“Just to be clear,” I asked Hight, “did you have conversations with – or get direction from — someone else who got a directive from Anschutz or someone representing him? Or were your decisions based solely on the journalistic merits? I’m sorry to be kind of aggressive about the questions, but I’d like to report your answer with as much specificity as possible.”

“I answered your questions about one story to the best of my ability,” emailed Hight, who’s now the chair of journalism ethics in the Department of Mass Communication at the University of Central Oklahoma. “As I told you earlier, too, there were spirited discussions about a number of stories and issues. I think everyone, including me, was trying to do the best job possible with every story, including that one. It would be unfair to all involved for me to respond further. Your quest for specificity is appreciated, but you’re addressing one story many years ago. We’ve all moved on from there. At least I have.”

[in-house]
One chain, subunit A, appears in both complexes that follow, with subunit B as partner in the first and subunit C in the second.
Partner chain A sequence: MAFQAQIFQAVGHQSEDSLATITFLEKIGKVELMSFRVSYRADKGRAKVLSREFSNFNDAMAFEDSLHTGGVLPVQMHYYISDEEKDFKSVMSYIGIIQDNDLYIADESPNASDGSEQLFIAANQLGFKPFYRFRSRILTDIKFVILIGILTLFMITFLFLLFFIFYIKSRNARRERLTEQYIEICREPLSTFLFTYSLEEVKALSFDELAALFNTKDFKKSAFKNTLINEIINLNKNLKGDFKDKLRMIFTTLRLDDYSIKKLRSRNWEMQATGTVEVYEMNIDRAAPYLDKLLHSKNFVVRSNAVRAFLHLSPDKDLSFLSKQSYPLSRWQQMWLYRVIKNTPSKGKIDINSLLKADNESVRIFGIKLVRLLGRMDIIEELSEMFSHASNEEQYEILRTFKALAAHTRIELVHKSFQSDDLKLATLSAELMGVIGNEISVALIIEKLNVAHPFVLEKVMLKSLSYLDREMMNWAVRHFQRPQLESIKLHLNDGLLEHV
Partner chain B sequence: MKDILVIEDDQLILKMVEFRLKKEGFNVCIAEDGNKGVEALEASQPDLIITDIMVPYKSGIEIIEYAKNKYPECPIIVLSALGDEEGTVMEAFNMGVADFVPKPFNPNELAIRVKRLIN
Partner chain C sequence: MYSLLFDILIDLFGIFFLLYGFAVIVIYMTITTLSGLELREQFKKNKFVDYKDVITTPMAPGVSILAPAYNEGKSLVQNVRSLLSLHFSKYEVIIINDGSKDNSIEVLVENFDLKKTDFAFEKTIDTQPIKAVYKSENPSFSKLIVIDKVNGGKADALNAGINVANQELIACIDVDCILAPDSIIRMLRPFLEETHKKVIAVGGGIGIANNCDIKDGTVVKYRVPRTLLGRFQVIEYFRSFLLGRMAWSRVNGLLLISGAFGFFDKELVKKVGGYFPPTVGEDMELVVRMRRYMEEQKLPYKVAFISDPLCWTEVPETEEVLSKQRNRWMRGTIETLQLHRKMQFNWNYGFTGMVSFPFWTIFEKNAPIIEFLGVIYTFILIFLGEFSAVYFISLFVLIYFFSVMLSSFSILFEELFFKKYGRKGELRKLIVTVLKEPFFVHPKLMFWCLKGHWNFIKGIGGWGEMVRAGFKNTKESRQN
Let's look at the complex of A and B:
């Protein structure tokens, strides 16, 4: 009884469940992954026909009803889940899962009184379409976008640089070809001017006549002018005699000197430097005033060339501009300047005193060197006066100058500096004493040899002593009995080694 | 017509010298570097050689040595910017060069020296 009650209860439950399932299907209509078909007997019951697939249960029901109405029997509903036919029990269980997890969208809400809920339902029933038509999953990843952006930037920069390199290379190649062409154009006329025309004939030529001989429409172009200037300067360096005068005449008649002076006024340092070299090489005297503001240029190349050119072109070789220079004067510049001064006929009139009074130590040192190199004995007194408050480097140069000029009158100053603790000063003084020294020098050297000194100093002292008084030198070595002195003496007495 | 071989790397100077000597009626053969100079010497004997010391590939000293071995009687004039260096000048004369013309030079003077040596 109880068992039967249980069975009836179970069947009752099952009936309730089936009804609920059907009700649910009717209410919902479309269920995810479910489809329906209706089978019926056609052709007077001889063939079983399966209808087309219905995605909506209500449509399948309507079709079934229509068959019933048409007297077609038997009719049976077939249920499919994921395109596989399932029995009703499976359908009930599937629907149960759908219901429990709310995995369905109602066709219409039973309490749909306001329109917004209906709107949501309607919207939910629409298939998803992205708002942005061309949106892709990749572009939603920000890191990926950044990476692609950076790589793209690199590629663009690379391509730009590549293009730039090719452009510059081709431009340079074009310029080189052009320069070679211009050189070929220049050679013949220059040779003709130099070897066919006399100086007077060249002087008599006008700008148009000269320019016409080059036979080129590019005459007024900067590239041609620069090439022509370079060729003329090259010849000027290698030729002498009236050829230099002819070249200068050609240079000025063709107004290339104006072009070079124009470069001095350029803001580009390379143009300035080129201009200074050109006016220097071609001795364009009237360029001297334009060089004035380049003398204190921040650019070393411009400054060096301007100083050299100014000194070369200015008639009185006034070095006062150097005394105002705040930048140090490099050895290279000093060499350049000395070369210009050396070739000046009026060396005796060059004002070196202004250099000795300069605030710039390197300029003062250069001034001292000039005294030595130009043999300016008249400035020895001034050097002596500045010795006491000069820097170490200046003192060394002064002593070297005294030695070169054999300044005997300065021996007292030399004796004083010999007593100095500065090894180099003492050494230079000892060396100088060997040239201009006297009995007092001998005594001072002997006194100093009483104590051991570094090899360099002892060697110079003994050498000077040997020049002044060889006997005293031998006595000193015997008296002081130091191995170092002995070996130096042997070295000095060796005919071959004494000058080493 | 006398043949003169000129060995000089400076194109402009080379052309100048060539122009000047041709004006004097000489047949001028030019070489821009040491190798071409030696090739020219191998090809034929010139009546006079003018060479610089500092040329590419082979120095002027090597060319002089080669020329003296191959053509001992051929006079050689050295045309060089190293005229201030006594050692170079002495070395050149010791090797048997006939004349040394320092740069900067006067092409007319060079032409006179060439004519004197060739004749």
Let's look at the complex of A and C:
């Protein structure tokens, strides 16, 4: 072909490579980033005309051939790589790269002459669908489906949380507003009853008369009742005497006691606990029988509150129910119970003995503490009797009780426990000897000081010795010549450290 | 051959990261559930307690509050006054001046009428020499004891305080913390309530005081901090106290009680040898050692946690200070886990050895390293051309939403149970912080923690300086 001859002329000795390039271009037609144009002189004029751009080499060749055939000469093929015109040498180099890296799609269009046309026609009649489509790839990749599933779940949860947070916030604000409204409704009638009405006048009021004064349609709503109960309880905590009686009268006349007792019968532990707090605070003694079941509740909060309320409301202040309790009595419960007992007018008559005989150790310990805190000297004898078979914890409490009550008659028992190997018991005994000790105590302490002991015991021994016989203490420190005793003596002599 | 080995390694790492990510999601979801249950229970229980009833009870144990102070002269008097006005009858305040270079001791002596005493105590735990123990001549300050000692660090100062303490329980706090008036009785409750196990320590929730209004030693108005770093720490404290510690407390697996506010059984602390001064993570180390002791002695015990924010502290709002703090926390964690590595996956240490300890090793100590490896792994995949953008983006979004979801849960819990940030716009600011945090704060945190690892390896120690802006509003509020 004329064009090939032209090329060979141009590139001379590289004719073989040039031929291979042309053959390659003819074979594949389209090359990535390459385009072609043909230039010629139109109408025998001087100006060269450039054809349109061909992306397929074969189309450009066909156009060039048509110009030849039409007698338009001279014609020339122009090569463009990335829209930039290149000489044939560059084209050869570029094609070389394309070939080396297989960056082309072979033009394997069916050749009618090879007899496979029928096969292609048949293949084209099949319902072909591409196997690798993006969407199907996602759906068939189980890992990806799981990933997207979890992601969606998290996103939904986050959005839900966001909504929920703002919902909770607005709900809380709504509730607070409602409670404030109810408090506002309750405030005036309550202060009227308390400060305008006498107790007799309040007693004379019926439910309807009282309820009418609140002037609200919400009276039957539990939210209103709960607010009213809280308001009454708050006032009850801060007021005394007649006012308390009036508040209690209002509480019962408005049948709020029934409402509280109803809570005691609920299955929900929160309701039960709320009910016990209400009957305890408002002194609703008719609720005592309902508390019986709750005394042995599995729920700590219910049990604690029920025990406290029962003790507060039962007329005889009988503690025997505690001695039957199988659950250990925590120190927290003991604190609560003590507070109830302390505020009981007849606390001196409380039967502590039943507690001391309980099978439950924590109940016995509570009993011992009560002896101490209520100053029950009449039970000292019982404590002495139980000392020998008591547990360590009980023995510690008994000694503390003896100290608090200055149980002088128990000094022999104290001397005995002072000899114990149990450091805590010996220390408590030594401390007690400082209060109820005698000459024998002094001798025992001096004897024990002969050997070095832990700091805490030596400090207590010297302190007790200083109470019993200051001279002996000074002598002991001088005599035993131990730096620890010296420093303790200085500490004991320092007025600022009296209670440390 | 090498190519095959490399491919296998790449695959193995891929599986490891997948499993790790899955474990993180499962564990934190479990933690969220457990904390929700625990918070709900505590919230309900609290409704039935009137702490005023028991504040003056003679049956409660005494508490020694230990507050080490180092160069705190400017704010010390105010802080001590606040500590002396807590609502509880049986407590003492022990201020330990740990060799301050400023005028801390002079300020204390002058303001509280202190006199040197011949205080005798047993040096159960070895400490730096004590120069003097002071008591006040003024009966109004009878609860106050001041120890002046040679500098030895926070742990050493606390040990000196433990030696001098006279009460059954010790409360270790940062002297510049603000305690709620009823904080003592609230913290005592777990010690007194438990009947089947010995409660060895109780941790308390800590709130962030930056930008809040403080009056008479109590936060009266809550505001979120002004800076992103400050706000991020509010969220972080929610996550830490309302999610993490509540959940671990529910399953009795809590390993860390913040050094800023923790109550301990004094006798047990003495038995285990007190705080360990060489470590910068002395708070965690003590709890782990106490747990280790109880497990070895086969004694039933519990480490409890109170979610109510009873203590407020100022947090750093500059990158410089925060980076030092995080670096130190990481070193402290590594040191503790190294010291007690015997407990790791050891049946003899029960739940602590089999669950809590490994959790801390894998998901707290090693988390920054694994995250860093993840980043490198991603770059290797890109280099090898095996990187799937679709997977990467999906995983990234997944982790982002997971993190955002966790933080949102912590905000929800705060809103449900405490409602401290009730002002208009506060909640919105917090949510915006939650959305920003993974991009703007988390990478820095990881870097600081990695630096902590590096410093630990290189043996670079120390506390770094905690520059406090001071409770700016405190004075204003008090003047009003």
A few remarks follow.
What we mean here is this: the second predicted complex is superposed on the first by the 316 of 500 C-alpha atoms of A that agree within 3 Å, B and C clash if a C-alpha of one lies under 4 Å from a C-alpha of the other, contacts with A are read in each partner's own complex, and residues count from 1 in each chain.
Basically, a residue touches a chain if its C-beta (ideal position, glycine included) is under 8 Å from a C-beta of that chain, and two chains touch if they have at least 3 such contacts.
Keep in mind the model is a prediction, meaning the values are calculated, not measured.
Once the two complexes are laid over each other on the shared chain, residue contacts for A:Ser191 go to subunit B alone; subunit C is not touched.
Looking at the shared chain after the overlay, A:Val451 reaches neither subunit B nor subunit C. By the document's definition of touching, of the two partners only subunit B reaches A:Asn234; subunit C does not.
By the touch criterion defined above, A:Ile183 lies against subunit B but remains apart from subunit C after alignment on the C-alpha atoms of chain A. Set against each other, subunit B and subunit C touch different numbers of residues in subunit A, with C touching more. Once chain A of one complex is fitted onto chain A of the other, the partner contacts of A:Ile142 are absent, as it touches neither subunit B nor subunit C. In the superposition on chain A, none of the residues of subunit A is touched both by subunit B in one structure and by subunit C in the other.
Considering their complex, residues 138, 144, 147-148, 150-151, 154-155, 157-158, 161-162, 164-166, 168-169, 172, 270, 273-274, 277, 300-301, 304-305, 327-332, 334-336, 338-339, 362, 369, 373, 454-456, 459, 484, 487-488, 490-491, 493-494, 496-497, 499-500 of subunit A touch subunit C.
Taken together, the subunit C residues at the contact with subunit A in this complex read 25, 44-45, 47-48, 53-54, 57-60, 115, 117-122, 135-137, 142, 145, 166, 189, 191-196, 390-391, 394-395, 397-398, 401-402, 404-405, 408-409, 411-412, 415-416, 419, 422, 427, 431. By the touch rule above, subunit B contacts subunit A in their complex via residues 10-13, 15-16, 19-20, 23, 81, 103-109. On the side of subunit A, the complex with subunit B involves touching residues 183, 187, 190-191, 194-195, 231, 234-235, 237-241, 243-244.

So who knows for sure if and how Anshutz got his opinions about the Gaylord story to Hight, but you’d have to conclude, based on this exchange with Hight, that he found a pipeline somewhere — and that Hight faced a similar ethical dilemma as Bzdek did, and he made the same call.

Does It Bother You That the Owner Wants Stories To ‘Lean Conservative’?

And there’s this illuminating incident when Bzdek allegedly warned a potential employee about the conservative owner, asking a journalist during a job interview last year whether it would “bother” her to work for a newspaper whose owner wants “editorial content to lean conservative.”

“When I interviewed with him, one of the things he said was that the paper’s owner wanted editorial content to lean conservative, and did that bother me,” the veteran journalist told the Colorado Times Recorder. “I think I said something about reporting just the facts and letting the chips fall as they may.”